Because a lot of movie theaters are either closed or open in limited capacities, major studios are still delaying the majority of their films in hopes that the mess created over the last year will soon subside. Until that happens, it’s understandable that the majority of new “major” films are currently premiering on-demand or on streaming services. With many people still concerned about COVID-19 or strictly locked down by state governments, television is the only way they can get fresh content. Personally, I have no issues going to the cinemas, but with so little offerings out there, jumping on these streaming services is an appropriate alternative. Since August, when I reviewed Artemis Fowl, I’ve only caught a dozen or so new movies on these services, but you can probably expect to see quite a few more streaming reviews (for the next few months at the very least), starting with Apple TV+’s new film, Palmer.
Palmer takes place in a small-town burg with all level of residents from decent to degenerate. When Palmer (Justin Timberlake) arrives back in town after getting early parole for a crime he committed several years earlier, he is immediately greeted by his friends from both law enforcement and the wrong side of the tracks. Palmer moves back in with his grandmother (June Squibb) and the only job he can find is as a janitor at an elementary school. Little does Palmer know that he will soon be forced to become a father figure to Sam (Ryder Allen) after the boy’s mother (Juno Temple) splits town. Palmer’s grandmother accepts the boy into her care only to pass away in her sleep a few days later.
Actor Fisher Stevens has worked behind the camera for years in many different formats, and here it’s clear he desperately wants to make this film matter. Stevens has a hundred acting credits to his name and it shows in how well he’s able to direct his fellow actors throughout the film. He also understands the mechanics of directing a quiet film about redemption and standing up for those who are “different.” The problem manifests itself in the execution of the script, which comes of as a bit pandering to a select group as opposed to hitting the mark of true redemption that can be universally experienced.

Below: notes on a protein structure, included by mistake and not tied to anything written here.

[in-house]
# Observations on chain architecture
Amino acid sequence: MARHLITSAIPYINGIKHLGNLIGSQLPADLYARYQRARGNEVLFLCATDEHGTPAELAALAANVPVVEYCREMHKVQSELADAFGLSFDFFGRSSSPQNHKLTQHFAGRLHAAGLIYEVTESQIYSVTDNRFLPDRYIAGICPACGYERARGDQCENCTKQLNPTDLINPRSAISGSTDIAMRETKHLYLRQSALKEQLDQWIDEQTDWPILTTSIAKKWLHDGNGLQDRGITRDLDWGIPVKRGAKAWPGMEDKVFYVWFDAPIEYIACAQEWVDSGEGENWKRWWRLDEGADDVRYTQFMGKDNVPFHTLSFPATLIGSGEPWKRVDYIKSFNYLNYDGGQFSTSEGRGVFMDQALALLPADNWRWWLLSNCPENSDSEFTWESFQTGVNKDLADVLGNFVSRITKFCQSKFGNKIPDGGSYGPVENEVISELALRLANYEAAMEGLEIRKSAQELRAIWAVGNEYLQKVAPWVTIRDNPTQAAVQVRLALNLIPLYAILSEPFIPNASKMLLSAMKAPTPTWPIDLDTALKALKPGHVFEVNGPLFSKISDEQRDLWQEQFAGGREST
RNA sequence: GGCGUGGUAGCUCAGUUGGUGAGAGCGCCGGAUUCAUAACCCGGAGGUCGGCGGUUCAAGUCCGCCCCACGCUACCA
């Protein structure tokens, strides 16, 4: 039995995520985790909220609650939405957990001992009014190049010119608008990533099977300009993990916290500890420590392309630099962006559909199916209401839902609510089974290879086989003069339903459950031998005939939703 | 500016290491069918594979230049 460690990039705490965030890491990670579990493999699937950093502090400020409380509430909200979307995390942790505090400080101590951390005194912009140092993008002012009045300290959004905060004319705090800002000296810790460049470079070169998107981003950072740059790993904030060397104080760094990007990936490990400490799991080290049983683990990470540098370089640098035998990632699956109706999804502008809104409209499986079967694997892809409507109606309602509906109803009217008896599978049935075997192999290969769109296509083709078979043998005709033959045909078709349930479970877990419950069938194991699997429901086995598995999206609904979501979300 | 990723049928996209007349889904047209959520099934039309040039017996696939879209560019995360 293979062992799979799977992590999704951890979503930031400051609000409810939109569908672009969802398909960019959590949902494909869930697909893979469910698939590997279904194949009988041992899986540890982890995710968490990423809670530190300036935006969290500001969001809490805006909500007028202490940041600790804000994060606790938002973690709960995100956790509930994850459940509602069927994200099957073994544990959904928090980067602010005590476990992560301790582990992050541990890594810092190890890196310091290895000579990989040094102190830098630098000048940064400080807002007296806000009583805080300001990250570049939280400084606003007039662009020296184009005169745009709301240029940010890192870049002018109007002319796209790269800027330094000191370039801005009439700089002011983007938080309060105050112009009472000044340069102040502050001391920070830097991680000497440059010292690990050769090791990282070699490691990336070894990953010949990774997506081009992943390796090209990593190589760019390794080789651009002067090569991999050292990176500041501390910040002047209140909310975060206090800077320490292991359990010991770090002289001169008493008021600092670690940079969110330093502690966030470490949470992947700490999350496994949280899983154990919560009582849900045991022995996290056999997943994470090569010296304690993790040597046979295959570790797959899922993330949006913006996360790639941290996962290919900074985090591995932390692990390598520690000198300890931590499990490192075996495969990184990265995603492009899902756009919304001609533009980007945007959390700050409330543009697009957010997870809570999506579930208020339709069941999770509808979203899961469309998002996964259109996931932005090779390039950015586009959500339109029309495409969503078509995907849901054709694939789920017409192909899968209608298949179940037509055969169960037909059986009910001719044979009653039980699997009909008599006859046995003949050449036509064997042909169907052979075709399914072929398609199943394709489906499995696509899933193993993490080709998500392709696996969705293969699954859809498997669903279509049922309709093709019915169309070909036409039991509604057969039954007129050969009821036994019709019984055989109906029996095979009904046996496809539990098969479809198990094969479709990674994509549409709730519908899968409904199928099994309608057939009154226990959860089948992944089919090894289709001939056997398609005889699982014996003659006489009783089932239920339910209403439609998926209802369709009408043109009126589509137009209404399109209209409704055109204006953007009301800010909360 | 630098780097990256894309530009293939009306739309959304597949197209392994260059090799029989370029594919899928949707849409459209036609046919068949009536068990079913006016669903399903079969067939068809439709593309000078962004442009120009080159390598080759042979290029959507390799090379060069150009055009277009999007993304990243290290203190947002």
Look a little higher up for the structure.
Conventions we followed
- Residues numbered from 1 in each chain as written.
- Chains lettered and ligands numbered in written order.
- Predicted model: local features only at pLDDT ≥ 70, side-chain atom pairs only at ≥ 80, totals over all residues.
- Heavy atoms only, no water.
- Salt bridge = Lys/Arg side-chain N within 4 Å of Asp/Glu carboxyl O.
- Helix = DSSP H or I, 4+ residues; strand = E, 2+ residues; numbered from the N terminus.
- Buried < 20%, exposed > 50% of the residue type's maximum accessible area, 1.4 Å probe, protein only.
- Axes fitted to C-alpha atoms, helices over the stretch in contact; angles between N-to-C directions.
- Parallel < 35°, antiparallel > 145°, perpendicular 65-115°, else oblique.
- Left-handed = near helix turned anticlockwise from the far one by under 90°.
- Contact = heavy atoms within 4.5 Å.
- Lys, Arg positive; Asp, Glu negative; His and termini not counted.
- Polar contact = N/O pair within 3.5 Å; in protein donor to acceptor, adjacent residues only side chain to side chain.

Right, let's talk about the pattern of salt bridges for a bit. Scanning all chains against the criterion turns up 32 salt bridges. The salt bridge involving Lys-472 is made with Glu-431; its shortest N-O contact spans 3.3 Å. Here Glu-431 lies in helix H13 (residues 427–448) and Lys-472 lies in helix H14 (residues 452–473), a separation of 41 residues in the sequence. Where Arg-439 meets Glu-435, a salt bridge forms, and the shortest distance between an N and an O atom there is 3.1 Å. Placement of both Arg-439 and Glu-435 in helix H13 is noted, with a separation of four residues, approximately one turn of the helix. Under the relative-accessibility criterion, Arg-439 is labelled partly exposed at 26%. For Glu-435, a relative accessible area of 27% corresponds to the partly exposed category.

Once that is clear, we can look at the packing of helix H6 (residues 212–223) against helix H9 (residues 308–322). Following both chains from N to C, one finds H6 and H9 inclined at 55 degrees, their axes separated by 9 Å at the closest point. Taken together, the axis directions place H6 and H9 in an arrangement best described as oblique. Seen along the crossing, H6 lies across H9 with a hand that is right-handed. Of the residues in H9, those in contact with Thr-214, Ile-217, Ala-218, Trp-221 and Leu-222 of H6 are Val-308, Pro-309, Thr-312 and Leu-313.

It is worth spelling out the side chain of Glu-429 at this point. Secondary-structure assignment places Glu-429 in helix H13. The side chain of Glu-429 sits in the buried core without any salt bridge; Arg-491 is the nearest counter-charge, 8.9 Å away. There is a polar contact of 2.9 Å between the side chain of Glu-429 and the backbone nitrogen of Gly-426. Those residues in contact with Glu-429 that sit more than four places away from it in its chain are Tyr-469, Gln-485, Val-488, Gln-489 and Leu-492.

On the one hand, you have all of the fundamental tropes of a redemption story: a young man with a past learns through the eyes of a child that he is being held back from the person he truly can be by not only his so-called friends but by his own feelings of guilt. To rise above these things, the child will inadvertently show him what a real hero can be just by standing up for the child and being there when they need them the most. However, embedded throughout these story parameters are plot threads that don’t seem to add up to anything outside of a simple attempt to be “woke.”
Timberlake plays Palmer as the epitome of masculine — a hardened criminal who drinks, smokes and beds whatever woman that even looks at him. Sam is the exact opposite — his favorite show is a cartoon about princesses, he plays with dolls and loves going to his friend’s house to have tea parties and play dress up. There’s nothing inherently wrong with this; however, there is no reason for this dichotomy to be at play within the confines of the story being told.
I like that Sam knows who he is and isn’t afraid to be different or flaunt his love for what most would deem inappropriate for boys. After all, if this was a little girl who likes to play inherently boys things, no one would bat an eye. So this aspect of who Sam is works to a certain degree without feeling forced or shoved down our throats. However, I would have appreciated this much more had it played into how the two characters learn from one another on a grander scale.